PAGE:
Review: Design for Dying by Renee Patrick

design for dying galley.indd

Hardcover, 320 pages
Published April 19th 2016 by Forge Books
Source: Publisher

  1. The reason I choose to write this review list-format is because it’s Sunday and suddenly I am very sad that the weekend is ending.
  2. Obviously this has nothing to do with the book but I thought I’d get it out there so you are all aware of my state of mind while writing this review.
  3. Which, it is pretty obvious right now, goes up on Tuesday.
  4. Anyway, Renee Patrick has written a damned fine beginning to what I hope will be a gloriously long series because reading Lillian Frost and Edith Head solving mysteries while their fashion is on fleek is fun.
  5. I wonder though that the series is called “Edith Head Mysteries” because while Edith does have a major role in the story it is Lillian Frost who actually does the solving. Edith is a wee bit busy designing costumes for movie stars.
  6. Maybe I will ask the author this question some day.
  7. The novel is targeted at an adult audience but there is absolutely no reason why young adults will not enjoy it just as much for reasons I will get into just a little later.
  8. Lillian Frost had dreams about being a movie star but these dreams fizzled out soon after she failed her first (and only) screen test and realized her acting talent registered somewhere in the negatives.
  9. So she got a job at a department store and well, the job isn’t fun and all of us who have done our time in retail can attest to that but it feeds her and keeps her in LA where she can at least breathe in the same air as the moviemakers do.
  10. Her ex-friend Ruby whose dreams of stardom are very much is found murdered and suspicion falls swiftly on Lillian because the police are just that incapable and boorish (in the book. I have no opinion of the police as I do not often have dealings with them). (I knocked on wood.)
  11. Lillian does not actively decide to figure out what happened to Ruby–she just somehow goes with the flow and pretty soon she is helping the wardrobe mistress at Paramount (Edith Head) figure things out. Actually, Lillian does the grunt work while Edith does the calculating.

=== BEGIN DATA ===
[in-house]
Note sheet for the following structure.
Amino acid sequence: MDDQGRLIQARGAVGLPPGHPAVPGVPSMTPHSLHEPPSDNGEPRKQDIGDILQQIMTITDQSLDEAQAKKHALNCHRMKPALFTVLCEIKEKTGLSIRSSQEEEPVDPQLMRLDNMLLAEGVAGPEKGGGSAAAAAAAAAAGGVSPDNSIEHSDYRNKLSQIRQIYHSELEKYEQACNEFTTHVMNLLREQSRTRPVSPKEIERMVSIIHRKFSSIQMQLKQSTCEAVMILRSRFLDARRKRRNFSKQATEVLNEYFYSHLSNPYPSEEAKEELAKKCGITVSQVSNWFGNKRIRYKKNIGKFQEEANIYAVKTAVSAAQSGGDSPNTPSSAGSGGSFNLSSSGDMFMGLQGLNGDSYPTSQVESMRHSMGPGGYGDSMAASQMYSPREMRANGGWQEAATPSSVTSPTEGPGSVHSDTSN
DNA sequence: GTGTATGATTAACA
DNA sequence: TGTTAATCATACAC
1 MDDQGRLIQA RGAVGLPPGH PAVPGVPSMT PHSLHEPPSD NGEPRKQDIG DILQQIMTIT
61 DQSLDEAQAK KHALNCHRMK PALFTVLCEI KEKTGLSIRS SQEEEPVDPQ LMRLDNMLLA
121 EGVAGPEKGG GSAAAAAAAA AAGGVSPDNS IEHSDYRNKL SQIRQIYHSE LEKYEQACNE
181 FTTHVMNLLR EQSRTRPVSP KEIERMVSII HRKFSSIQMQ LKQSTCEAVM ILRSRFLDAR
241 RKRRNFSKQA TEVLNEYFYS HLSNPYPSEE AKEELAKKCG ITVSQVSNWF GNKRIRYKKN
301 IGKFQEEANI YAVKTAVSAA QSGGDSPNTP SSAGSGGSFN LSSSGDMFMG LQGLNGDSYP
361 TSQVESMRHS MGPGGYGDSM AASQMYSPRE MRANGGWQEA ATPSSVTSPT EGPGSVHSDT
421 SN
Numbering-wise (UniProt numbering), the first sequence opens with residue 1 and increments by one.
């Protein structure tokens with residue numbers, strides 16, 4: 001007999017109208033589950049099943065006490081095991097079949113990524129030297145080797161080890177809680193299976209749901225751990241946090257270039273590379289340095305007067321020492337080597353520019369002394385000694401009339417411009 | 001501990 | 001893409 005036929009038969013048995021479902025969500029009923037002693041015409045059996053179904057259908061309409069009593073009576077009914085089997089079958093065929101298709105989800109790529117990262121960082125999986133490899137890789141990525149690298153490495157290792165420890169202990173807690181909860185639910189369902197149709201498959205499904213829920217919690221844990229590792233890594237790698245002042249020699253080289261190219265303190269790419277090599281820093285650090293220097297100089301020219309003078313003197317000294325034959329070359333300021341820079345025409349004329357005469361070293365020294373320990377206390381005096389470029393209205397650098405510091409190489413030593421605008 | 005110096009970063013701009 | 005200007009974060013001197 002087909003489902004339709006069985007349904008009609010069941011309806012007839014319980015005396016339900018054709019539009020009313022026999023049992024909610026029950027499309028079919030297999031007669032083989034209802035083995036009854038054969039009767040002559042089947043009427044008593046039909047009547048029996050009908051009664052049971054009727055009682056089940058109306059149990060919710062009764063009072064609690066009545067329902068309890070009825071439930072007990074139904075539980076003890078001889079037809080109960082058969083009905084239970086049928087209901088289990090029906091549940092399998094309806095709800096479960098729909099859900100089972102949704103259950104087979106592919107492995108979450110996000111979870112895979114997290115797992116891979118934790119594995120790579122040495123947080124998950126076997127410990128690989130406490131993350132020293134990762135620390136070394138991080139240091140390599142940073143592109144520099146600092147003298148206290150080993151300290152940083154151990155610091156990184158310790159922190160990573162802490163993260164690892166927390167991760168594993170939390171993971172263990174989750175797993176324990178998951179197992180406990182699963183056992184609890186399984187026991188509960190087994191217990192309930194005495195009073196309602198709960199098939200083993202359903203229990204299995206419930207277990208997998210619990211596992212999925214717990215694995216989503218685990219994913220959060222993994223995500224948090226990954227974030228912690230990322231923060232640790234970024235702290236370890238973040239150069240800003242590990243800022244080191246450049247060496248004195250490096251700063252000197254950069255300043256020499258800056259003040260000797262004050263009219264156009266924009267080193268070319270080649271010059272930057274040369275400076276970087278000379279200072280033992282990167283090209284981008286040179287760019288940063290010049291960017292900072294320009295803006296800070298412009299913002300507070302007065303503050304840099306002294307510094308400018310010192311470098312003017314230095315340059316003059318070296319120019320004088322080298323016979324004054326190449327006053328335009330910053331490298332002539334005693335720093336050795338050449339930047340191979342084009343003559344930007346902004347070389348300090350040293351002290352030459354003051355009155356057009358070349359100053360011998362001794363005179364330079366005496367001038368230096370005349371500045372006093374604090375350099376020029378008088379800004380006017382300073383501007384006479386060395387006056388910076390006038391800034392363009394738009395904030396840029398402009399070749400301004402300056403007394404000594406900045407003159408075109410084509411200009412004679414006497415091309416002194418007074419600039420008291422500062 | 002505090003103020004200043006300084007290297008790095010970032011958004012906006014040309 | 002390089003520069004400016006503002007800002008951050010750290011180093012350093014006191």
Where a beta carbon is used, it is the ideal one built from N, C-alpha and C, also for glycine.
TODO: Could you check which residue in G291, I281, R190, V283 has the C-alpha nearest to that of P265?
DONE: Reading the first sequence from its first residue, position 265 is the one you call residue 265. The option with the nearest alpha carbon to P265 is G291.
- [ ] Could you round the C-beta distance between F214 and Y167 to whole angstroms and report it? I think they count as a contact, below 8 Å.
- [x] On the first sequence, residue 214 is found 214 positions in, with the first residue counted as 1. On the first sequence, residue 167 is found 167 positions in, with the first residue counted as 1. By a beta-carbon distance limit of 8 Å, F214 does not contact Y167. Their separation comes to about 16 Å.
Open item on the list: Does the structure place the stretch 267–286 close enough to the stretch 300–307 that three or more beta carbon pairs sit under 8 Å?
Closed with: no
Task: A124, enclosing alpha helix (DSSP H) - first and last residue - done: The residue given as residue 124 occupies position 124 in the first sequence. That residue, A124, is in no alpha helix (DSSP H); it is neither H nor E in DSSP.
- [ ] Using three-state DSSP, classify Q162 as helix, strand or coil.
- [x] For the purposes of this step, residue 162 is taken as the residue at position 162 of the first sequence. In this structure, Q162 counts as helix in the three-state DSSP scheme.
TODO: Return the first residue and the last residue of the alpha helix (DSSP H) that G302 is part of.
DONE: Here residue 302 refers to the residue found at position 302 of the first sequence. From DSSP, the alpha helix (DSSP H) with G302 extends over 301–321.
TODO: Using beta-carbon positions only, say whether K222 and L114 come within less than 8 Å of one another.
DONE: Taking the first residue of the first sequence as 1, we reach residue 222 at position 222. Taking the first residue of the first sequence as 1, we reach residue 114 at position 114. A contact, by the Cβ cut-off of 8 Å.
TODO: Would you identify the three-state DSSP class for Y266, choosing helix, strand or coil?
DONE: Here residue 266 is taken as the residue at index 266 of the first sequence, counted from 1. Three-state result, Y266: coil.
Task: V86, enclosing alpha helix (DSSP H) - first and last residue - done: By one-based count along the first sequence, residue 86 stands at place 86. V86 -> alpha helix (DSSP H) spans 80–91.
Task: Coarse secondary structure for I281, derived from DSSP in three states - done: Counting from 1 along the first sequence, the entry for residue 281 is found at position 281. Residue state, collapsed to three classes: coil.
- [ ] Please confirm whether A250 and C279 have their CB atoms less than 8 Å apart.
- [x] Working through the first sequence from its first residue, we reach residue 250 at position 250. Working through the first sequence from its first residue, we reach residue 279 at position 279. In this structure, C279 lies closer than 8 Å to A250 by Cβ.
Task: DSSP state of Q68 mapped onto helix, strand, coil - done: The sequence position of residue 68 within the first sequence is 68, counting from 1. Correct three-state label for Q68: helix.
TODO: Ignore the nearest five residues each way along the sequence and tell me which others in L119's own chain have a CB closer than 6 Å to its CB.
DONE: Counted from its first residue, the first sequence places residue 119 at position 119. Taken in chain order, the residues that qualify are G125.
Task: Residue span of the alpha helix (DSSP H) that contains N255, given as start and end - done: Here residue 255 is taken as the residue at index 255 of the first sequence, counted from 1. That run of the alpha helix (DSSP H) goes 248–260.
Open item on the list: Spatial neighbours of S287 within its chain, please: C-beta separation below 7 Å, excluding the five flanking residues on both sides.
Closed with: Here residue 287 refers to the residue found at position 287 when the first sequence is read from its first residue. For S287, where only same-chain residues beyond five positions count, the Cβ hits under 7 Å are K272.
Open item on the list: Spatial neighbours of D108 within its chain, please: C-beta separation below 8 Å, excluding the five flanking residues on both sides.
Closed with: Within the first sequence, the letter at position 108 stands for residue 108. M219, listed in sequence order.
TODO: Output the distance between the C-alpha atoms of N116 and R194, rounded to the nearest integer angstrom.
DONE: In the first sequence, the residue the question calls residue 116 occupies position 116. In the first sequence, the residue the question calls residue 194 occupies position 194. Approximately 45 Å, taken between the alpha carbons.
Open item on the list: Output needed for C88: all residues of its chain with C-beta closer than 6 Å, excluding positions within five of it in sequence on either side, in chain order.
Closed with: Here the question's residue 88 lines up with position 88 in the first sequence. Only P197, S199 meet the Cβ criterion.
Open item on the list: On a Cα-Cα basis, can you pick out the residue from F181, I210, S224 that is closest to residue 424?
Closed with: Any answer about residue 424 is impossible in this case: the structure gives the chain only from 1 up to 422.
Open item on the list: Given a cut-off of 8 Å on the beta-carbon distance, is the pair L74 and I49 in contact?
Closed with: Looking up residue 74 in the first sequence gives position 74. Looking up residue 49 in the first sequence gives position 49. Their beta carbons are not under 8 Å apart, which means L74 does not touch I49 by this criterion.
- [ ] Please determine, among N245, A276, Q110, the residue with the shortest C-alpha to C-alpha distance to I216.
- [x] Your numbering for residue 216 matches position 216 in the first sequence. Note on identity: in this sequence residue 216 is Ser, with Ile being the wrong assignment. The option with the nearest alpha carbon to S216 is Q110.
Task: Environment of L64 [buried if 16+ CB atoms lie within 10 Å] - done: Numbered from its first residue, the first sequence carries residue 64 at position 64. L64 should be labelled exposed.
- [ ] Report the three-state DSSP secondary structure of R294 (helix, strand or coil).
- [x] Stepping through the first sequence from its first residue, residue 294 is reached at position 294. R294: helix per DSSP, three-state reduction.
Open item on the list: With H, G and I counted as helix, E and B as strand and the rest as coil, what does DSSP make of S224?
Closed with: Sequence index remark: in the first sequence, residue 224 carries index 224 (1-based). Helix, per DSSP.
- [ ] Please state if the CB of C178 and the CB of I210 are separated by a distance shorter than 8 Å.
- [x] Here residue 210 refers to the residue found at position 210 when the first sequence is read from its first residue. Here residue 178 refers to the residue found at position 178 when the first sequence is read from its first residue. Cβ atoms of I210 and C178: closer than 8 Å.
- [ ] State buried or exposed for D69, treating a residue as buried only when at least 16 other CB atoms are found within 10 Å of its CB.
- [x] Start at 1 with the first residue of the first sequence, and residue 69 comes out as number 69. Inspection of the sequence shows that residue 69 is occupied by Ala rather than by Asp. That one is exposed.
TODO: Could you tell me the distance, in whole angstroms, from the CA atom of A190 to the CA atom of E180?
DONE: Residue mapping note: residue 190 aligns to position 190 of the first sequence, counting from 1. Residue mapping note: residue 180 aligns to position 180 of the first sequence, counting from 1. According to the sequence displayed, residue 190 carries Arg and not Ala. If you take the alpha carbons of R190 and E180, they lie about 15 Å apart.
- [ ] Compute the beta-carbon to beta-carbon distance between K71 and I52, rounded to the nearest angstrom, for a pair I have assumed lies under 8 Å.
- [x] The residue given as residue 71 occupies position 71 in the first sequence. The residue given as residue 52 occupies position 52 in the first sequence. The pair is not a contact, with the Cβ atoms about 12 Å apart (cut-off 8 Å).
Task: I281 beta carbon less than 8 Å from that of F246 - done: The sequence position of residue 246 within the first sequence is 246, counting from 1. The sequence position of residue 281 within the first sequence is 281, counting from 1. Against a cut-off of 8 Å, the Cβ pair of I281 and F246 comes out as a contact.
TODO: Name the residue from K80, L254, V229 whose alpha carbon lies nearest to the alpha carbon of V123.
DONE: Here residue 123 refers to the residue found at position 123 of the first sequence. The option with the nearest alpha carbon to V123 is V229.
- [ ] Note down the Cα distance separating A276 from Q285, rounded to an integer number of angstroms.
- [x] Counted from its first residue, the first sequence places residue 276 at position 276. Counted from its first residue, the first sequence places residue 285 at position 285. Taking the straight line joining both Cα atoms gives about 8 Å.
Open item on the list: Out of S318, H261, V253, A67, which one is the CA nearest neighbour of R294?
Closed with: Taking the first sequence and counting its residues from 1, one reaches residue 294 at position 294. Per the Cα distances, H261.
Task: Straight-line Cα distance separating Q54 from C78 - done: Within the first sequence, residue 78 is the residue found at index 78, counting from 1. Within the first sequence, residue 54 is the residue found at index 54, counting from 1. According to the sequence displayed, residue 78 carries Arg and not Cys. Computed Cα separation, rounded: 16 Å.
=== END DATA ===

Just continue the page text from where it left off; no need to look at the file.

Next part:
12. Things are really scrambled and the ending identifies a villain that I didn’t really suspect.
  13. If you’ve watched Miss Fisher’s Murder Mysteries you will probably enjoy this one a whole lot.
  14. The book is set in 1930s Hollywood and if you know your old Hollywood well, you will be able to identify many names littered throughout the novel.
  15. Lillian Frost is an extremely likable heroine. She’s very level headed and practical but instead of making her annoying, these qualities make her capable and the first person I would want to solve my murder.
  16. Just kidding. That would be Miss Fisher’s pleasure.
  17. There’s a sly wit to the narrative that I found irresistible. Some of the dialogues are wry, cheeky, and unexpected. These things add spice to the narrative and make the story extremely fun to read.
  18. The romance, what little of it is present, is extremely intriguing and I’m definitely ready to see it develop further (though I like that it remains on the sidelines).
  19. The 1930s slang is woven seamlessly into the narrative and I love that you don’t get a self-conscious air from the vernacular used.
  20. I loved the female friendship present so prominently and I loved that Patrick takes time to develop all female characters as complex individual people with their own stories.
  21. So yeah, I’m definitely looking forward to the sequel.
  22. If you like detective stories, old Hollywood, and intrepid heroines, read this one. I definitely recommend it.